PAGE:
This site is devoted to copyright and issues of 'intellectual property,' particularly the issue's analytical aspects. It also concerns itself with the gap between public perception and the true facts, and with the significant lag time between the coverage on more technical sites and the mainstream press. For site feed, see: To see the list of sites monitored to create this site, see:

Tuesday, August 28, 2007

Future world according to federal judge: Turn off your computer, violate a subpoena?
As with most technical decisions made by the courts, this will have consequences well beyond its intended target (P2P).


Noticed Pandora on the Go while listening to Pandora just now. $3/month, on top of a data plan. It'll be interested to see whether this erodes the resistance to subscription-based models vs. "owning" (right...) your songs. If so, it would be ironic that a subscription model without much choice is what did it. I have very little perspective on these things, as subscribing to Pandora on my mobile isn't really my idea of fun.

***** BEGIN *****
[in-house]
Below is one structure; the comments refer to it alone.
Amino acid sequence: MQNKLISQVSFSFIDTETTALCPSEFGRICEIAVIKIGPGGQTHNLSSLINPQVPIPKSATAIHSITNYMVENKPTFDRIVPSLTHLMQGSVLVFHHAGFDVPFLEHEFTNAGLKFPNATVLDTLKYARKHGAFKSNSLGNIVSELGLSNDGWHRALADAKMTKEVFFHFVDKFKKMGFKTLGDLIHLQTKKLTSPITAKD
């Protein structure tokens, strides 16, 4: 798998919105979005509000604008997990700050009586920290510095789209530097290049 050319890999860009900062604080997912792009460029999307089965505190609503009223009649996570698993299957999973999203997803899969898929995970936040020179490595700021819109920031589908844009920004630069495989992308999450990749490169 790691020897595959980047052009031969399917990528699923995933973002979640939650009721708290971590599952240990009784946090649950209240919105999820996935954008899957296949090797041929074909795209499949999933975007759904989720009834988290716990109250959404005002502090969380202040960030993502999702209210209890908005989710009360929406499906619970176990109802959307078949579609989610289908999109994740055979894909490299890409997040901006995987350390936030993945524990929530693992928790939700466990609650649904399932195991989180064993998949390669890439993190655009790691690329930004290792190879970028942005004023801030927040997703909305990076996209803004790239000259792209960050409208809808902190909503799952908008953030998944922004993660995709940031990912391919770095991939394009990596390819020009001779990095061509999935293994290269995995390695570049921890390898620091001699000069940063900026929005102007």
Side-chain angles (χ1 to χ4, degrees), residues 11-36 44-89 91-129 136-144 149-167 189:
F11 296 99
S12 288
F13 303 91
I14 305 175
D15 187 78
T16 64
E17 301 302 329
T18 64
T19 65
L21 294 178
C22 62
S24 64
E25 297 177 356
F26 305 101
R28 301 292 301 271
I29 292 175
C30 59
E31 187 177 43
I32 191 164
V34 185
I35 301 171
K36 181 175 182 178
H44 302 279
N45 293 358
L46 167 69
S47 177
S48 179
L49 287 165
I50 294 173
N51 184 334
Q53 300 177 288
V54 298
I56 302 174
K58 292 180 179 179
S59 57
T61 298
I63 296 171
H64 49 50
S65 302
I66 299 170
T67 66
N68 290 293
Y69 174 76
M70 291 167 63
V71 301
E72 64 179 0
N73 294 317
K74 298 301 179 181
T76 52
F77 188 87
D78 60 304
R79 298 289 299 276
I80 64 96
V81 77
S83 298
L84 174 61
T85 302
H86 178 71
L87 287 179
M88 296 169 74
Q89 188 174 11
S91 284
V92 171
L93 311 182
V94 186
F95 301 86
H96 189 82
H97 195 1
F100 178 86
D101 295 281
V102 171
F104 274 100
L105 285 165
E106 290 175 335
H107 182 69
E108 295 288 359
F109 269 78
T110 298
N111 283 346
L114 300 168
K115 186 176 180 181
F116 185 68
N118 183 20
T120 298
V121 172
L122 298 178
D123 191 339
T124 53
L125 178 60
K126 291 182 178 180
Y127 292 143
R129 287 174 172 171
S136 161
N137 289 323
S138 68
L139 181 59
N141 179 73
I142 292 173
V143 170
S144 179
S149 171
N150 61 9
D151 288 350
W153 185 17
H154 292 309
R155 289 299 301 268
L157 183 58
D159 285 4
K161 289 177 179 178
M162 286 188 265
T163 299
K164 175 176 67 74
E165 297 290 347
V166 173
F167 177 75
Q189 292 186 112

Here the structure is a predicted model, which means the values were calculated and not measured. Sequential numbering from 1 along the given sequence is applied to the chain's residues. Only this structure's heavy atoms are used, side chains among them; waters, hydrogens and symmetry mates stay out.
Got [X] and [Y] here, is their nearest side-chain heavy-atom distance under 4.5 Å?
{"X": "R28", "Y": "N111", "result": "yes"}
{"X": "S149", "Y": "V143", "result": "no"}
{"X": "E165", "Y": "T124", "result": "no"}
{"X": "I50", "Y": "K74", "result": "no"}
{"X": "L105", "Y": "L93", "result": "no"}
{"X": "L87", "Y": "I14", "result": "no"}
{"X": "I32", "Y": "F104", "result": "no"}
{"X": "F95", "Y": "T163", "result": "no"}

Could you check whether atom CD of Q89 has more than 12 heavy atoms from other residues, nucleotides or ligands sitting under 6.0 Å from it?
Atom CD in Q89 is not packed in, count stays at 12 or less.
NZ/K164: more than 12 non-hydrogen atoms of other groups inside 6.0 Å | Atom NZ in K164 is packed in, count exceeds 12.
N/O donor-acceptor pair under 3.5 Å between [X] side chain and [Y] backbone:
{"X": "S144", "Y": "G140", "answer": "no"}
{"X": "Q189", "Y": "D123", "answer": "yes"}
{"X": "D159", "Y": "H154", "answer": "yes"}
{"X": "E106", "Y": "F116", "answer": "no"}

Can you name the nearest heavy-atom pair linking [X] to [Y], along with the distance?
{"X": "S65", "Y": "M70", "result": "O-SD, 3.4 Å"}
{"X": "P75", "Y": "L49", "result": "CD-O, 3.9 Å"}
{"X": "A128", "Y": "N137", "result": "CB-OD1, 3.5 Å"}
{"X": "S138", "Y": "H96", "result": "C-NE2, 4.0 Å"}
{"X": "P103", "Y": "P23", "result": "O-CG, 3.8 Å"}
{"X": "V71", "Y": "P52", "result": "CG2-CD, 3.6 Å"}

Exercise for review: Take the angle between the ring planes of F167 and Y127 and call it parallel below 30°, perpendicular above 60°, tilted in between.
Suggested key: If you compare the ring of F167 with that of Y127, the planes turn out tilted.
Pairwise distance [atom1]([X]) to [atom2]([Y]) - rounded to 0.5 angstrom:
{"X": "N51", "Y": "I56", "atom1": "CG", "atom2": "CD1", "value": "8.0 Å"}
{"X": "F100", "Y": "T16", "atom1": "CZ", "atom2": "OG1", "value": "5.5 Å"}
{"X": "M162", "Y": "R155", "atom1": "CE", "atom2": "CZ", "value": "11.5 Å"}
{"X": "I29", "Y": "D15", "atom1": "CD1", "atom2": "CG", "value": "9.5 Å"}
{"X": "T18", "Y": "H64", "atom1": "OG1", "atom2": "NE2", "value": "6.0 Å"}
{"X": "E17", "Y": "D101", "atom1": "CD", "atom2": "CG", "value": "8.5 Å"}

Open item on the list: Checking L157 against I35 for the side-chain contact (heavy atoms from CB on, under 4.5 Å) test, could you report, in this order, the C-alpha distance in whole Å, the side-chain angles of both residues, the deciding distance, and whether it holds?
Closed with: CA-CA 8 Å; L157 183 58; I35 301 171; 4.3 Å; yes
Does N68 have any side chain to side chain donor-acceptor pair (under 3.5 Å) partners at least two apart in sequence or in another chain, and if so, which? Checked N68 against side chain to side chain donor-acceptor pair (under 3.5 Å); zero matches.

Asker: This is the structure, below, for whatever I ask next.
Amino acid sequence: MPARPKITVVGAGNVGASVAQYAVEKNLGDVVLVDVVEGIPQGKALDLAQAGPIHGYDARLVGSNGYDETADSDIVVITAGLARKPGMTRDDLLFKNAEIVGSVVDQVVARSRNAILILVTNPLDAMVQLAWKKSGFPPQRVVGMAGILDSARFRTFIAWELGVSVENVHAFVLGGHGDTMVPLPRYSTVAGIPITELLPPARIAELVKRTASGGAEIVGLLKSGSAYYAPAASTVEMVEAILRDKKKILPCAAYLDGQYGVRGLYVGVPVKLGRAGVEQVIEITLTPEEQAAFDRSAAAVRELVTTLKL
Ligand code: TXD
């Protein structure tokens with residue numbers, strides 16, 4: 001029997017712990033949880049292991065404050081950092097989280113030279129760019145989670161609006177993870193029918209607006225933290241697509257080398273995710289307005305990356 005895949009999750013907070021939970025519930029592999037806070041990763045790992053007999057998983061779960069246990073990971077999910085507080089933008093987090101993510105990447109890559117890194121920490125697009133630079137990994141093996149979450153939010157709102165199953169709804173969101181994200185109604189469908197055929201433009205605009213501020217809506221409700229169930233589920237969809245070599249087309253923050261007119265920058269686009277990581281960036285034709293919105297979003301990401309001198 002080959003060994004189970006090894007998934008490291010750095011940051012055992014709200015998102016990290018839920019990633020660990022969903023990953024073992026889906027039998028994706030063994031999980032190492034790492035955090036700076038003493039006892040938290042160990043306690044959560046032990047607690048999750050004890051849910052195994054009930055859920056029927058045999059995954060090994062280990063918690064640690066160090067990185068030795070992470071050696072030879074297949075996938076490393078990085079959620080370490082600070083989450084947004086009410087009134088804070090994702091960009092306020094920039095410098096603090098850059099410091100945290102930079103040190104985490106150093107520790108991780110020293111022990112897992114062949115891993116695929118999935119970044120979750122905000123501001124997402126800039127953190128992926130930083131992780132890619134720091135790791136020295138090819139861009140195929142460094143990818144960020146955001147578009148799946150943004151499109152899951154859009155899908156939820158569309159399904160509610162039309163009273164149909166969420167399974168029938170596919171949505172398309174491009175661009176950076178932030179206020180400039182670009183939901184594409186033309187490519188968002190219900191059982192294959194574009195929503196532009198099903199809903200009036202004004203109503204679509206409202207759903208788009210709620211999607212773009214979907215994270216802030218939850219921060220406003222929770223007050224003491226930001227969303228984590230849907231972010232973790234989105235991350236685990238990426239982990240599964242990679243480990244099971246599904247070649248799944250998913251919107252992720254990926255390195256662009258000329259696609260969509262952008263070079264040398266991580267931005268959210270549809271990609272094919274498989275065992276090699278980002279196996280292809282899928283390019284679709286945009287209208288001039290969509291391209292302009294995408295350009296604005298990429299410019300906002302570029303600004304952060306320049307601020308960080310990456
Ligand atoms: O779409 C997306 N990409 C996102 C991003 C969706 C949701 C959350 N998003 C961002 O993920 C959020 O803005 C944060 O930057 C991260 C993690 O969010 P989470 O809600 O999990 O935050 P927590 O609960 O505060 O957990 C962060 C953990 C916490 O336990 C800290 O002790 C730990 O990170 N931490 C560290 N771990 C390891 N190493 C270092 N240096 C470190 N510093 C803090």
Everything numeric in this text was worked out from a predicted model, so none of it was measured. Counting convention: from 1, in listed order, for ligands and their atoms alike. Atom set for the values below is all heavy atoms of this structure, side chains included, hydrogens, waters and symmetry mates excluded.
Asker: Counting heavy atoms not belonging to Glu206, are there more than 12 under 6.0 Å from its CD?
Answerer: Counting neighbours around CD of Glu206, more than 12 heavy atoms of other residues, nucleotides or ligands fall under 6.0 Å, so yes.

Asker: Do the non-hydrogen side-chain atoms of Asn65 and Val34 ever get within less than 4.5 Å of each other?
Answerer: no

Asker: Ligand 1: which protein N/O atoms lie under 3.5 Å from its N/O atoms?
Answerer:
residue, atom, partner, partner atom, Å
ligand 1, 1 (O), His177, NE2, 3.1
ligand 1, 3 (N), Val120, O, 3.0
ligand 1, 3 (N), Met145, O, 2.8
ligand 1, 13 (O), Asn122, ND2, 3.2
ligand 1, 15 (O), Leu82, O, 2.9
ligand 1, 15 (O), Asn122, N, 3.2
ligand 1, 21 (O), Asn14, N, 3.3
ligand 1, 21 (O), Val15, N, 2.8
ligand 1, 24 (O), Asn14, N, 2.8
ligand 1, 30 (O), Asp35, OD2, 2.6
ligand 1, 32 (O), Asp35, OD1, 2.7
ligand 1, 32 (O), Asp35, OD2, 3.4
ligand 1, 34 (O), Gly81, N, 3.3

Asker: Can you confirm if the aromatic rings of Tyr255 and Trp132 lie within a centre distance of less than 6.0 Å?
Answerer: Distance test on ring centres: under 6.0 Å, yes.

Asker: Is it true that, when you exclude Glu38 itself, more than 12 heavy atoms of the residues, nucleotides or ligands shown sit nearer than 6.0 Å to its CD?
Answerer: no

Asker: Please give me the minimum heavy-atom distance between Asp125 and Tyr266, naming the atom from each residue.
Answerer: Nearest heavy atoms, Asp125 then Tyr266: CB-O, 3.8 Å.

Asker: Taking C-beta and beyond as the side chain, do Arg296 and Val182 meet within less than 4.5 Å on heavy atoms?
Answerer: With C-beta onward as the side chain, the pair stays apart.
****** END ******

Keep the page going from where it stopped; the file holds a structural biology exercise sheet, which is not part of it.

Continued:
Ran across a hotspot VPN service (routes all your traffic through their secure network so that when you're on a publicly accessible wireless connection your passwords, etc. can't be stolen) that seems to be quite good. Curiously, they claim that routing your P2P traffic through them will make you impossible to detect. They're correct, from a technical perspective. Simply having claimed this, though, may make it much harder for them to defend themselves in court. We'll see. It will also be interesting to see how they manage bandwidth issues, although all that fiber laid down in the .com boom will make this more practical than it was 5 years ago.

In other news, Accra--like Casablanca--has a lone anti-piracy billboard. It looks almost exactly like the much more prevalent ads there against drug trafficking. Police didn't seem to care when people sold pirated DVDs on the street. It will be interesting to see how commercial piracy vs. filesharing evolves there once the new undersea fiber gets there and they aren't bandwidth-starved.